Back to Nature. The Backwaters Wilpattu Sri Lanka

Inconspicuously hidden in a tangle of trees and marked pathways is The Backwaters Lodge. A short drive from the main Wilpattu National Park Hotel Road at Eluwankulama, google maps is spot on!

On arrival, friend and host, Tarique Omar is at hand, with his charming smile and inimitable manner to ensure cold towels and a fresh juice is served, check-in is smooth, breakfast is laid out, and all the visitors are well taken care of.

I feel privileged to be amongst a special gathering of friends who have come to The Backwaters to celebrate the second anniversary of this amazing place!

Woven into a tangle of jungle, six convertainers (converted shipping containers), each with ample space and privacy, dot this four acre plot of land. Numbered according to the original tag of the container, a short flight of steps made out of local timber leads to a private balcony and then into a comfortable room with an en-suite bath. The air-conditioner  is not required as the cool breezes waft in, adding to nature’s soothing music from the orchestra of birds, and critters of the wild. The double mesh door allows me to sleep with the door open letting the breeze in to cool me adequately.

The Lodge is set on the banks of the Uppu Aru (salt river) which is the backwaters (that’s where the name came from!) of the Kala Oya that gently flows in to the estuary of the Dutch Bay.

Along the river bank, are perfectly placed seating that allows for privacy, great views, comfort, and solitude. There is a hammock swinging over the river, a swing seat that skims the water, a pier to launch the kayak from, and bathing spots to soothe the soul at the end of the day.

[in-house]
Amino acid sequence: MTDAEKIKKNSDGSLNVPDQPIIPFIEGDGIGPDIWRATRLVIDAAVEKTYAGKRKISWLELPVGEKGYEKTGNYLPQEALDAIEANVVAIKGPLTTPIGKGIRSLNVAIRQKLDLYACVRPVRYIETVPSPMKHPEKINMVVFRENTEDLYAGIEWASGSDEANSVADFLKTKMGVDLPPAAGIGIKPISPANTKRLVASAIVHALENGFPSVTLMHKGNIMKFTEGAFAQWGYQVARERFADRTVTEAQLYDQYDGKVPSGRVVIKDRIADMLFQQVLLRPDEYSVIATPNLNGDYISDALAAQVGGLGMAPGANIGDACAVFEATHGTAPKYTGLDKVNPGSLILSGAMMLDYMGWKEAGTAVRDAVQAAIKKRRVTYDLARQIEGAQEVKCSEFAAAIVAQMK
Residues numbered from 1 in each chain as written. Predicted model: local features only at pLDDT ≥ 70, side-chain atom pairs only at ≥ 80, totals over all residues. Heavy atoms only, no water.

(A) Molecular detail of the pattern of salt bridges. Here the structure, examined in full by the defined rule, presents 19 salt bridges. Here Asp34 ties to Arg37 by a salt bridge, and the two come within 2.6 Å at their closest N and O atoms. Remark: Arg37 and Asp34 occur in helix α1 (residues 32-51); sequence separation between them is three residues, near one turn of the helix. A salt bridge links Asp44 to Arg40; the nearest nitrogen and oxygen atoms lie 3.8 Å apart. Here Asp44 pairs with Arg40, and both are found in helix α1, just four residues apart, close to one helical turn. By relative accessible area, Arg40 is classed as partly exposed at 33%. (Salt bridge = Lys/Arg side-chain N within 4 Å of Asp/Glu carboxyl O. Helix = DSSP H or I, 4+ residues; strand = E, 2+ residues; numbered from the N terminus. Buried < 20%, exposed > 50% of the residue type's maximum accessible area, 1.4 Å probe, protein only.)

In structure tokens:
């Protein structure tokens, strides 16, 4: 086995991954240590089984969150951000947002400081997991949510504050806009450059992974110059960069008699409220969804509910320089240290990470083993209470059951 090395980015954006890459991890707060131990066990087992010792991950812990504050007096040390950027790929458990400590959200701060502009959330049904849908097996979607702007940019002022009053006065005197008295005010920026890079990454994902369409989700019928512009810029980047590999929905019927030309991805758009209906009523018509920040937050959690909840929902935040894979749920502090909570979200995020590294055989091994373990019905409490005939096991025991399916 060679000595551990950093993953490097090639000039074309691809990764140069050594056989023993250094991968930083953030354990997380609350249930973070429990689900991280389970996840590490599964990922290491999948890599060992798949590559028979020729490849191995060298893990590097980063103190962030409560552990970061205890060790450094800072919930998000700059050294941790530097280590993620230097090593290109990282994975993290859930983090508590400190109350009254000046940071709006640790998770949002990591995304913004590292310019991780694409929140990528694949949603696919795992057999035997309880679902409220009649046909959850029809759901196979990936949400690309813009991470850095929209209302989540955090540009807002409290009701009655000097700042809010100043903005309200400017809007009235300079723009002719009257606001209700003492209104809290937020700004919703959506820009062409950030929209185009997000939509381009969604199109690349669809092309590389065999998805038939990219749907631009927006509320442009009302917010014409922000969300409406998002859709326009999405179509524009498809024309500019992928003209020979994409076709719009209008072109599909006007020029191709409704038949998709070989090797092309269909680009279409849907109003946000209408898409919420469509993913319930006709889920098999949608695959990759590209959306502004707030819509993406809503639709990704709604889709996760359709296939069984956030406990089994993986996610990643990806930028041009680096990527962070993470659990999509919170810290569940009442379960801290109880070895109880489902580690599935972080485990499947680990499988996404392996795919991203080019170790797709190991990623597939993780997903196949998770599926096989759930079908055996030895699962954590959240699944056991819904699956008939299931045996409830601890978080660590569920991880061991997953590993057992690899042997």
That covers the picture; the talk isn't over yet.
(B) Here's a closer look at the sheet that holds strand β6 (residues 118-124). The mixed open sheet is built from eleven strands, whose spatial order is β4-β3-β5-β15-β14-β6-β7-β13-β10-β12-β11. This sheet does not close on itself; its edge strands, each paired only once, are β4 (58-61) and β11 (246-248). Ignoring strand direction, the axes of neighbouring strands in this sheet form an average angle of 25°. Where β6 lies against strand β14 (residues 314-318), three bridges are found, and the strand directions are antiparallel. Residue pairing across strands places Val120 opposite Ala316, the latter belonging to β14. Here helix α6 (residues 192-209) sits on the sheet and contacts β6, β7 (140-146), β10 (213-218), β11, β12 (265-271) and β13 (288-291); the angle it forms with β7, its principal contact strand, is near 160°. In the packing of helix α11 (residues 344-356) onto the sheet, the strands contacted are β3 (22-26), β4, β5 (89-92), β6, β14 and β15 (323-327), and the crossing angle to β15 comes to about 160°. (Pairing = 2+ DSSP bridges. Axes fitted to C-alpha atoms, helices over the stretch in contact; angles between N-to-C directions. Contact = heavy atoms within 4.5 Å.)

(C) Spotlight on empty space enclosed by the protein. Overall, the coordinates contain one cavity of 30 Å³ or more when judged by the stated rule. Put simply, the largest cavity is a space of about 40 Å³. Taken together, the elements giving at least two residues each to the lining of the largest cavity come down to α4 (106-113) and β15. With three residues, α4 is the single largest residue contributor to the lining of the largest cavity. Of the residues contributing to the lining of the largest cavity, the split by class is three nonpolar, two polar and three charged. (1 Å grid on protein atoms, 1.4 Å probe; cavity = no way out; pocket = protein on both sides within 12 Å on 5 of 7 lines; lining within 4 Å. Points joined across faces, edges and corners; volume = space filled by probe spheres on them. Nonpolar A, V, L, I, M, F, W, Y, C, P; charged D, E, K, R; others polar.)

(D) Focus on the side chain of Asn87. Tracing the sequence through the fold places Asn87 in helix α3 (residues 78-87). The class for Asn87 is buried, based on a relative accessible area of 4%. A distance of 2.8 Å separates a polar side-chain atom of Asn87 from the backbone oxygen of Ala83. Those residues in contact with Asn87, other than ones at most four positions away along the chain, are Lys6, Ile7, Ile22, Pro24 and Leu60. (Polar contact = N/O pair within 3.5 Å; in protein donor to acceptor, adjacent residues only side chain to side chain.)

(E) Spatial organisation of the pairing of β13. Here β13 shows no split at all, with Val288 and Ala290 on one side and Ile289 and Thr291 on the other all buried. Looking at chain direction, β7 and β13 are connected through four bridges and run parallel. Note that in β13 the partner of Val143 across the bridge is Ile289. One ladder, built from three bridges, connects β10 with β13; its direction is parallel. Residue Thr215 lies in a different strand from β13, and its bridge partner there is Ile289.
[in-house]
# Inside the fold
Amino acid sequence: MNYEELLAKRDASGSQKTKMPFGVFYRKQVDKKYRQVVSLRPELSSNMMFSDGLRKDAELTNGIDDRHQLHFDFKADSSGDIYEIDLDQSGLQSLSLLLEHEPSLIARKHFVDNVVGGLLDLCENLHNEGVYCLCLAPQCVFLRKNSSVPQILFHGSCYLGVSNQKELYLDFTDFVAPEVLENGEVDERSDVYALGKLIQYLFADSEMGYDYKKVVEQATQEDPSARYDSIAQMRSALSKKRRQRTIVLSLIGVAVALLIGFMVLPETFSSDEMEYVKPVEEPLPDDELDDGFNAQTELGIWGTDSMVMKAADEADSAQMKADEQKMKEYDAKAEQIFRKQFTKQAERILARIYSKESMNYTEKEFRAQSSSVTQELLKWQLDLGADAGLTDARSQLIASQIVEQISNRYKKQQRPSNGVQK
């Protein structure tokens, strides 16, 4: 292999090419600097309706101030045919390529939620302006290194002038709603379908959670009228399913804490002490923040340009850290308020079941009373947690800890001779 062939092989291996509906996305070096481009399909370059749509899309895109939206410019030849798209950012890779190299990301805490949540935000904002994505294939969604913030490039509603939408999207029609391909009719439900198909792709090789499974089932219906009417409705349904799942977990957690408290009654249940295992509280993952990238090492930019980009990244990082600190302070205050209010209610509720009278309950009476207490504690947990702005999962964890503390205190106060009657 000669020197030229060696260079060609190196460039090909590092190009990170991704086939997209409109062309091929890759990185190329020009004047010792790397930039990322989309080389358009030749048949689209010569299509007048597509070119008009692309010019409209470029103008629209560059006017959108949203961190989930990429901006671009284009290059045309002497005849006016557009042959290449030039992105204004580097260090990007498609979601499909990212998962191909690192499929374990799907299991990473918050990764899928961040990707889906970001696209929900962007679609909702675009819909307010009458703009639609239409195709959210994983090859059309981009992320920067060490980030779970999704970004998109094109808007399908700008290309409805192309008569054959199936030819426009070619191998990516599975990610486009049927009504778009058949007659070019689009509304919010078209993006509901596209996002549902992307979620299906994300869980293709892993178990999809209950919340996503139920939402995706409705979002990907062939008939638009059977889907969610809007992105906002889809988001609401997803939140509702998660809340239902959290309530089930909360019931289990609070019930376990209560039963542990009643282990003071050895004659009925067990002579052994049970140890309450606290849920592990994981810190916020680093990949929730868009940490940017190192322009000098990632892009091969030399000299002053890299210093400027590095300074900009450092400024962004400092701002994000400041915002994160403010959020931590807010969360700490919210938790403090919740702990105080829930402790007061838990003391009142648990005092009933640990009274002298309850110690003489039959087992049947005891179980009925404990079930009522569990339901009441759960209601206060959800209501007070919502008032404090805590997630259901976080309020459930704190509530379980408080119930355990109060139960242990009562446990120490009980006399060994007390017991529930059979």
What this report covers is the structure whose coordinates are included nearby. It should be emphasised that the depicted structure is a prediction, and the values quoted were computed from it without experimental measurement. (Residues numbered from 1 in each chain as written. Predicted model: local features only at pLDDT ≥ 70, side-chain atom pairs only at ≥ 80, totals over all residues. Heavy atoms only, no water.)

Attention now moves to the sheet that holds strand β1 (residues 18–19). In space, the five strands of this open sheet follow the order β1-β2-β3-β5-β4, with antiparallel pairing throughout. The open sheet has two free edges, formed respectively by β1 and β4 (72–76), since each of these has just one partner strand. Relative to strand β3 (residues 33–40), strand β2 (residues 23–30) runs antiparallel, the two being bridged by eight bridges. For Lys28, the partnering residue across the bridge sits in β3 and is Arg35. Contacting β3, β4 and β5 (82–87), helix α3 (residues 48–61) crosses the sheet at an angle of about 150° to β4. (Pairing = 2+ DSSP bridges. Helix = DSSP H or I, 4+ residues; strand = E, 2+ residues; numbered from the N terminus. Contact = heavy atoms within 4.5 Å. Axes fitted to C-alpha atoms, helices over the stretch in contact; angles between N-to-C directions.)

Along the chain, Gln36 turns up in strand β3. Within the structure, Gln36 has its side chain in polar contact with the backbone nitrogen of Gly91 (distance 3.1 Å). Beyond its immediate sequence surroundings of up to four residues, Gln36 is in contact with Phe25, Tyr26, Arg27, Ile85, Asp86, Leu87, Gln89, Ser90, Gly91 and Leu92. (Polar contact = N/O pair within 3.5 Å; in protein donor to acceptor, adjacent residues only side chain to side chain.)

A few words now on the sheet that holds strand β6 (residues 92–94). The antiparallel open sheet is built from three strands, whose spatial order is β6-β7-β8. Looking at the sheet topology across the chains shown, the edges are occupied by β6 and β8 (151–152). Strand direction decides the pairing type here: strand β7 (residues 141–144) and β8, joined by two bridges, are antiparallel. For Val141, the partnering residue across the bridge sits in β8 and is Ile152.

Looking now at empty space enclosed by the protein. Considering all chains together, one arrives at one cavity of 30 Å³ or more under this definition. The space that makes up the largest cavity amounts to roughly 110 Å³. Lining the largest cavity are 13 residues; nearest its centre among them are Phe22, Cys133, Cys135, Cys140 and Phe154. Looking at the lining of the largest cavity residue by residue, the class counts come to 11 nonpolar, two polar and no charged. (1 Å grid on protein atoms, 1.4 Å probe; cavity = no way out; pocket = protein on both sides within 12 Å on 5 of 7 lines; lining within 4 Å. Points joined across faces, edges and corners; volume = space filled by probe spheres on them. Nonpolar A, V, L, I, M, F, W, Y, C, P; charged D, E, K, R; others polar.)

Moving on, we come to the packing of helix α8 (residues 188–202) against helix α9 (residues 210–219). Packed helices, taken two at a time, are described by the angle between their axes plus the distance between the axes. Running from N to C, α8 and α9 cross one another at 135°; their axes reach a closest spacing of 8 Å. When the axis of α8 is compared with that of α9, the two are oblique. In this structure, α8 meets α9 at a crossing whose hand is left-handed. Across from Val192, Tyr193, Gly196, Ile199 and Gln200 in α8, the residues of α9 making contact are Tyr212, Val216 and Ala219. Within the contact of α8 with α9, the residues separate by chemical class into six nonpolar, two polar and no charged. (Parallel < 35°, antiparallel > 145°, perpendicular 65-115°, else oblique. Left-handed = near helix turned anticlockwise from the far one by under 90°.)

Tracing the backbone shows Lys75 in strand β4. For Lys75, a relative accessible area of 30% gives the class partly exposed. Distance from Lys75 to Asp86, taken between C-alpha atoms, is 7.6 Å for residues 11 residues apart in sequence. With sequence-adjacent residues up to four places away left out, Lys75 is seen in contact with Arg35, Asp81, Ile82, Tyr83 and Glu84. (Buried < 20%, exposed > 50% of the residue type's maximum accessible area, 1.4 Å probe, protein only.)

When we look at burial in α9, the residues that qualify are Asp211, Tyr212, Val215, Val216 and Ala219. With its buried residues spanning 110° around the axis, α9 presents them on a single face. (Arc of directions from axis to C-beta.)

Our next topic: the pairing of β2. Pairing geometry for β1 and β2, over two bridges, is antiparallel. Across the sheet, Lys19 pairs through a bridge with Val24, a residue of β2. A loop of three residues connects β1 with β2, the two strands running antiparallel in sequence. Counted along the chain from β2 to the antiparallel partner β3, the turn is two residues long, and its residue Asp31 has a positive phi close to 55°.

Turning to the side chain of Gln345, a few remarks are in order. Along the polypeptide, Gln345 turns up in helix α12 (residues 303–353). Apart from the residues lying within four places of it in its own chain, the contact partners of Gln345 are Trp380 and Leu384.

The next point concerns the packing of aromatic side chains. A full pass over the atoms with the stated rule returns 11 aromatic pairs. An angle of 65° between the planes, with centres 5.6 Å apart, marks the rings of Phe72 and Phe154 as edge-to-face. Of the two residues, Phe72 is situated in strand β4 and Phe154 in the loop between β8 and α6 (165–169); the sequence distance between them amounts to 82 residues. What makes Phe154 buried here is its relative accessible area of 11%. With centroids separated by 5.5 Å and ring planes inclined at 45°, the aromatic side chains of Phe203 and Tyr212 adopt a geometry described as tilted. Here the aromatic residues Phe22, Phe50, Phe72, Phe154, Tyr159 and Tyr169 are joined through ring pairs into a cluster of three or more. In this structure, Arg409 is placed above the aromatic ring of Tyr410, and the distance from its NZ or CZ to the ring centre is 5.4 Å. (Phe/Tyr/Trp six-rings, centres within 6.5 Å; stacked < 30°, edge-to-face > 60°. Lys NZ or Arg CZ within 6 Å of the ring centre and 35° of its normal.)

An evening of just gently drifting along the Uppu Aru is a must. Co-host Ajith, also an avid birder, points and identifies plenty of birds on either side of the river bank. The long shadows of the setting sun casts a yellow spell over the river and birds fly home to settle in for the night.

Amidst this tangle thrives over 64 species of birds. So birdwatchers find this place to be an open aviary of feathers and can spend hours listening and learning about the feathered kind.

On a lucky day, one can glimpse the lone elephant who wanders across the land in search of water.

Meanwhile troops of grey langur and torque monkeys make their presence felt by shaking down branches and creating a cacophony up in the treetops. Giant rock squirrel dart from tree to tree, a lizard monitor pops out of its hole in the tree to sunbathe, and life in the jungle carries on as usual.

Tarique lets me hop on to the back of his bike for a ride to the nearby lotus pond called the Nelum Weva. Country sides like this makes city living a sham. To smell the fragrance of the lotus, to feel the wind in my hair, the sun on my face and to acknowledge friendly locals as they smile and wave is truly a good feeling.

Meanwhile back at the lodge, we spend our time lounging about, eating local cuisine, traipsing the nature trails, reading in one of the many secluded spots, kayaking down the river or just ‘being’. What a wonderful place to do all of this!

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